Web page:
Wednesday, February 1, 2012

Clinthorne Compositions Artist Statement 2012

In 2007, I received a Youth Ambassador Scholarship and lived with a host family
for one summer in Egypt. I had developed an interest in language during my first study
abroad, a one year program in Japan learning Japanese. Participating in study abroad
programs has led me to the knowledge that successful positive communication runs much
deeper than words alone.
Late in my first year of college, I discovered a new language, the language of a
curled leaf. One day I was out on a walk in the woods, when a cluster of dead leaves
caught my attention. The leaves resembled a group of hanging bats. Upon cautiously
studying the leaves closer, I realized that the forms I gazed upon were not leaves at all;
they were treasures. The contours of the curled veins took my gaze on a promenade
through compositions that were endlessly interesting. It was then that I looked down and
put my face near the forest floor to realize that it was covered with precious treasures;
every single fallen leaf had curled in the drying process to display countless variations of
a mysterious elegance. I took handfuls of samples home and observed the curling of
leaves over time. This event has seeded numerous questions in my mind and fueled my
artistic endeavors.
Gradually, I created a written vocabulary of words to interrogate my leaves. I
learned the grammar used by several species: Kukui- Aleurites moluccana, Lapalapa-
Cheirodendron platyphyllum, Trumpet-tree- Cecropia obtusifolia. I took extra Botany
classes in order to learn more about leaf functionality. Then after copying a leaf’s
sentence structure word for word, I began to create my own verse through the medium of
Later in college, I realized that a leaf’s language is just one dialect. I have become
fascinated with all things in their drying process, particularly insects. Anything growing
with water content will form natural tensions when drying that cause shapes to sway like
three dimensional calligraphy. Through observing the drying process of anything, I am
able to observe it’s natural architecture more fully, record it’s vocabulary and expand on
possible morphology.
Architecture of buildings and cities also interests me. Looking at pipes and
electricity lines, I am reminded of veins in a leaf. Rusting sheet metal or crumpled paper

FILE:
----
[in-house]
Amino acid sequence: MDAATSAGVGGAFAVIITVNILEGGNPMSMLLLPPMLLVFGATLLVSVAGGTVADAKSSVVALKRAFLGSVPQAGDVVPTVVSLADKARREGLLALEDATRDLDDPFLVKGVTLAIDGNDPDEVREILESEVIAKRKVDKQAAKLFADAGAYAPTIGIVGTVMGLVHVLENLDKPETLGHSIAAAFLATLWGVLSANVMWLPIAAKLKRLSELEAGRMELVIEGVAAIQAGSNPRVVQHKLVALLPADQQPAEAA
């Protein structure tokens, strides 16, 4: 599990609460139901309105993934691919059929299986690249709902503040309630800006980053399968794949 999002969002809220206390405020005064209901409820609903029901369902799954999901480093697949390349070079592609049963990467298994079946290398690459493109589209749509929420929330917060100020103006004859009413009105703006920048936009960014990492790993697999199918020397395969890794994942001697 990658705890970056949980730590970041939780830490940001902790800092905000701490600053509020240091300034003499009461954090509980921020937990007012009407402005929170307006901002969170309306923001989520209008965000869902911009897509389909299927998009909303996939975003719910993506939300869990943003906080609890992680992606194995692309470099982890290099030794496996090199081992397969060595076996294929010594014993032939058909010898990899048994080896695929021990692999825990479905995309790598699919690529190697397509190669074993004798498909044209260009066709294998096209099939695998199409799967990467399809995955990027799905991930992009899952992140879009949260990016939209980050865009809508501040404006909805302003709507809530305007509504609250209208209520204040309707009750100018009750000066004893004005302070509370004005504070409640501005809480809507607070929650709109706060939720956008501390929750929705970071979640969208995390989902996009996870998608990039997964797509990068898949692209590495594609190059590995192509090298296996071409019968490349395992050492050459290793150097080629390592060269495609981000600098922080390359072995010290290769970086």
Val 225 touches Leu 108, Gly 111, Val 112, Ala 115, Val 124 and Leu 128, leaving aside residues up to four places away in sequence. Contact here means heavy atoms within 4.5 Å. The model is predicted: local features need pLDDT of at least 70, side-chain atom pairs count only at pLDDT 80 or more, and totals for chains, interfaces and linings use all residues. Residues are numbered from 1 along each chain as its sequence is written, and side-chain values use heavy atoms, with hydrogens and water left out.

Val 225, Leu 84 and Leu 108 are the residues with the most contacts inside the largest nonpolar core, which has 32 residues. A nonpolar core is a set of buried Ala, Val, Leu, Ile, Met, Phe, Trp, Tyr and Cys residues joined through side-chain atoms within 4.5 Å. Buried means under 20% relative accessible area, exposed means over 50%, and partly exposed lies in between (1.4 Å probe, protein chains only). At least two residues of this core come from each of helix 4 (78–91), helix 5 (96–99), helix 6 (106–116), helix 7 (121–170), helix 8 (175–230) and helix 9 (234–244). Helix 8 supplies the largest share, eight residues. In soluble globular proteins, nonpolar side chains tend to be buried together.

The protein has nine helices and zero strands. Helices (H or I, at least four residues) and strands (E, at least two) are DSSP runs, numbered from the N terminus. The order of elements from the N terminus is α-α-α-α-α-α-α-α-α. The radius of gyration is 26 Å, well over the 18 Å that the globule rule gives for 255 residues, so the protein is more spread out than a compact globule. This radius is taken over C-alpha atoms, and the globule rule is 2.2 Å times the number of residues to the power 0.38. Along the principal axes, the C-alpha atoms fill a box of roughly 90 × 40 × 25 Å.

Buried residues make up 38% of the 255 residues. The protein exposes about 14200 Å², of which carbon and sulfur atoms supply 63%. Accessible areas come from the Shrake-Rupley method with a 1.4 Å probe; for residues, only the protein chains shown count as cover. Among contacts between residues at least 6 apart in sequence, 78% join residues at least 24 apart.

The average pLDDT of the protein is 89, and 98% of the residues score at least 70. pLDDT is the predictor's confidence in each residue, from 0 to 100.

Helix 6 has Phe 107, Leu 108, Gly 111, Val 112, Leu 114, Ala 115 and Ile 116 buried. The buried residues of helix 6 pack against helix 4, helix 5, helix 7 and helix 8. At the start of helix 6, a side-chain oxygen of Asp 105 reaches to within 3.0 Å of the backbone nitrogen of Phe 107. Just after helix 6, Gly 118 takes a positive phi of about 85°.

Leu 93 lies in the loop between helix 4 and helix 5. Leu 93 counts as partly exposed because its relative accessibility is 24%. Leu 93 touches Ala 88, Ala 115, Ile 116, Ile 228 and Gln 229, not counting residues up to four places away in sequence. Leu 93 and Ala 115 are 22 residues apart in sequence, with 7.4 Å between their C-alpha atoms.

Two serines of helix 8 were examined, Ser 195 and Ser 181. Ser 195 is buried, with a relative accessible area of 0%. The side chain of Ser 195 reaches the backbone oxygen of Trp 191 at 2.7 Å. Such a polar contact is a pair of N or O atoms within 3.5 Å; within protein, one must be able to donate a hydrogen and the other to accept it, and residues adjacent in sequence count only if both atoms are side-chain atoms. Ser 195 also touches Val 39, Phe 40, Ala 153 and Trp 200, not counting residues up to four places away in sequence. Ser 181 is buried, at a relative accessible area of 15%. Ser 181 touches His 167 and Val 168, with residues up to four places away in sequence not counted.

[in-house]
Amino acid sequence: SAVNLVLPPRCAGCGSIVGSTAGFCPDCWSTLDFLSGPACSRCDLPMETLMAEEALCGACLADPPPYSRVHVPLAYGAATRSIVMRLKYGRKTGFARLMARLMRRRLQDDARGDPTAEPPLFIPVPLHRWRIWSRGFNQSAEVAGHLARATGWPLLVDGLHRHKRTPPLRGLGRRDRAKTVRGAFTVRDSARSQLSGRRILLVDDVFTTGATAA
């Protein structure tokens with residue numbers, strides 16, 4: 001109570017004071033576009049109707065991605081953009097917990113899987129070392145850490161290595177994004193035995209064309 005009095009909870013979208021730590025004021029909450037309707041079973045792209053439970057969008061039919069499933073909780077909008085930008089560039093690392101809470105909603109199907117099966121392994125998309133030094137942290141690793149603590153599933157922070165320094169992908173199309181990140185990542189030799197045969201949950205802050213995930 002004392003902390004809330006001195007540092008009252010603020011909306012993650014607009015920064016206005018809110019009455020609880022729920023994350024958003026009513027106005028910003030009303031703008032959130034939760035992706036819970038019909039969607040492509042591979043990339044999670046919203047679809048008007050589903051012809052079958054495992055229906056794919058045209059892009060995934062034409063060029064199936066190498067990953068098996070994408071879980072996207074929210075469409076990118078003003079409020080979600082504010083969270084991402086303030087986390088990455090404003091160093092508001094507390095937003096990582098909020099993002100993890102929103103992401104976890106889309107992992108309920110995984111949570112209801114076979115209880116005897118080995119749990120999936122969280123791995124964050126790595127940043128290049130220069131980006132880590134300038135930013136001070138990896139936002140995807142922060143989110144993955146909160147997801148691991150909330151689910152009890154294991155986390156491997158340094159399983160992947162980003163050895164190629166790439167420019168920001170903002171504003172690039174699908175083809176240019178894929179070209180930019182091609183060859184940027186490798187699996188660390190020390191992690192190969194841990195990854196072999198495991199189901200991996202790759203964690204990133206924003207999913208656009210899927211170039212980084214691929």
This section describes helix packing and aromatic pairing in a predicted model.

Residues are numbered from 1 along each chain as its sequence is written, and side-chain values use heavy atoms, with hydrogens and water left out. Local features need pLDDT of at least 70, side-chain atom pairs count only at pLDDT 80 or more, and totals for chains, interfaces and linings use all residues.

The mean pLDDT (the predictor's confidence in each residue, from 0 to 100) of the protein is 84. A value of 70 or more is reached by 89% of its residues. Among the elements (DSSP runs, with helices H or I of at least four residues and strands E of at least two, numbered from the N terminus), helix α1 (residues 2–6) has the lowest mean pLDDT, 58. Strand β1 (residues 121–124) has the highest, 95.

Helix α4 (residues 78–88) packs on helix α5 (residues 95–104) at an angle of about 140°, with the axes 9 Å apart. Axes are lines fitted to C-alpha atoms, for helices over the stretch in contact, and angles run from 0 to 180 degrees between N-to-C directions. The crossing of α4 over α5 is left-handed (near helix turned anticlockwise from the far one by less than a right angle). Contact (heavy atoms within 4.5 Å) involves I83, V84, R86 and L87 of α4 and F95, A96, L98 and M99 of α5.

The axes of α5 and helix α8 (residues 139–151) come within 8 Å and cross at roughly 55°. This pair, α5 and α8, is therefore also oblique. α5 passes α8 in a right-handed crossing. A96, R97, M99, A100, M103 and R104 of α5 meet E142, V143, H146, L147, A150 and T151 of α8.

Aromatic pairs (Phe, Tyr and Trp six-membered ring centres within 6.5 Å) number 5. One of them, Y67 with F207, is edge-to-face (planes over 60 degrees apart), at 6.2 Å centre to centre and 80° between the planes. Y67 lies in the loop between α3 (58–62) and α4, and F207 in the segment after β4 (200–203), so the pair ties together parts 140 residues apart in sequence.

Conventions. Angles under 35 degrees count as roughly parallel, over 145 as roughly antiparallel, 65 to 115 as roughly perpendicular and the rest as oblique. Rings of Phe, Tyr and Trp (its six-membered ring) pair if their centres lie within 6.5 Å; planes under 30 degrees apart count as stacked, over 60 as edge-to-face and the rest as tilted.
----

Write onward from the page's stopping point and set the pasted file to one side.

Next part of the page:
often share characteristic patterns with decaying leaves. My focus is on the waste remains
after every part of an object has fulfilled it’s purpose or can no longer perform. The
unquestionable similarities between natural design and industrial design have led me to
believe that the delineation between the natural and the unnatural is becoming more and
more transparent.
It is no secret that rusty farm equipment, old books and ancient religious objects
are imbued with beauty that exists beyond their physical appearances. My drive for
fluency also goes beyond capturing the physical attributes of my observations. I am
searching to understand with fluency the beauty that exists in drying tensions and
remnants of function.
The summer I resided in the Islamic quarters of the older district of Cairo, I lived
in an apartment building that was several hundred years old. The building had the most
beautiful curved stairs that sloped downwards caused by the erosive footsteps of it’s
occupants over time. Although the stairs were uncomfortable to walk up, I remember
feeling a sense of mystery under my feet, knowing that hundreds of lives have depended
on these stairs for so long. When things fulfill their purpose to the utmost extent, their
beauty is exposed.
Presently, the melodic structure of my compositions has become the focus of my
building process. Audio is now an integral part of my exploration as well. My recent
pieces have sound components that do not have a predominant melody. The sound
provides an imaginary space for the melody of my physical artwork to exist. In this way, I
am able to sculpt melody, provide a more complete art to viewers and delve even deeper
into the language that captivates me.

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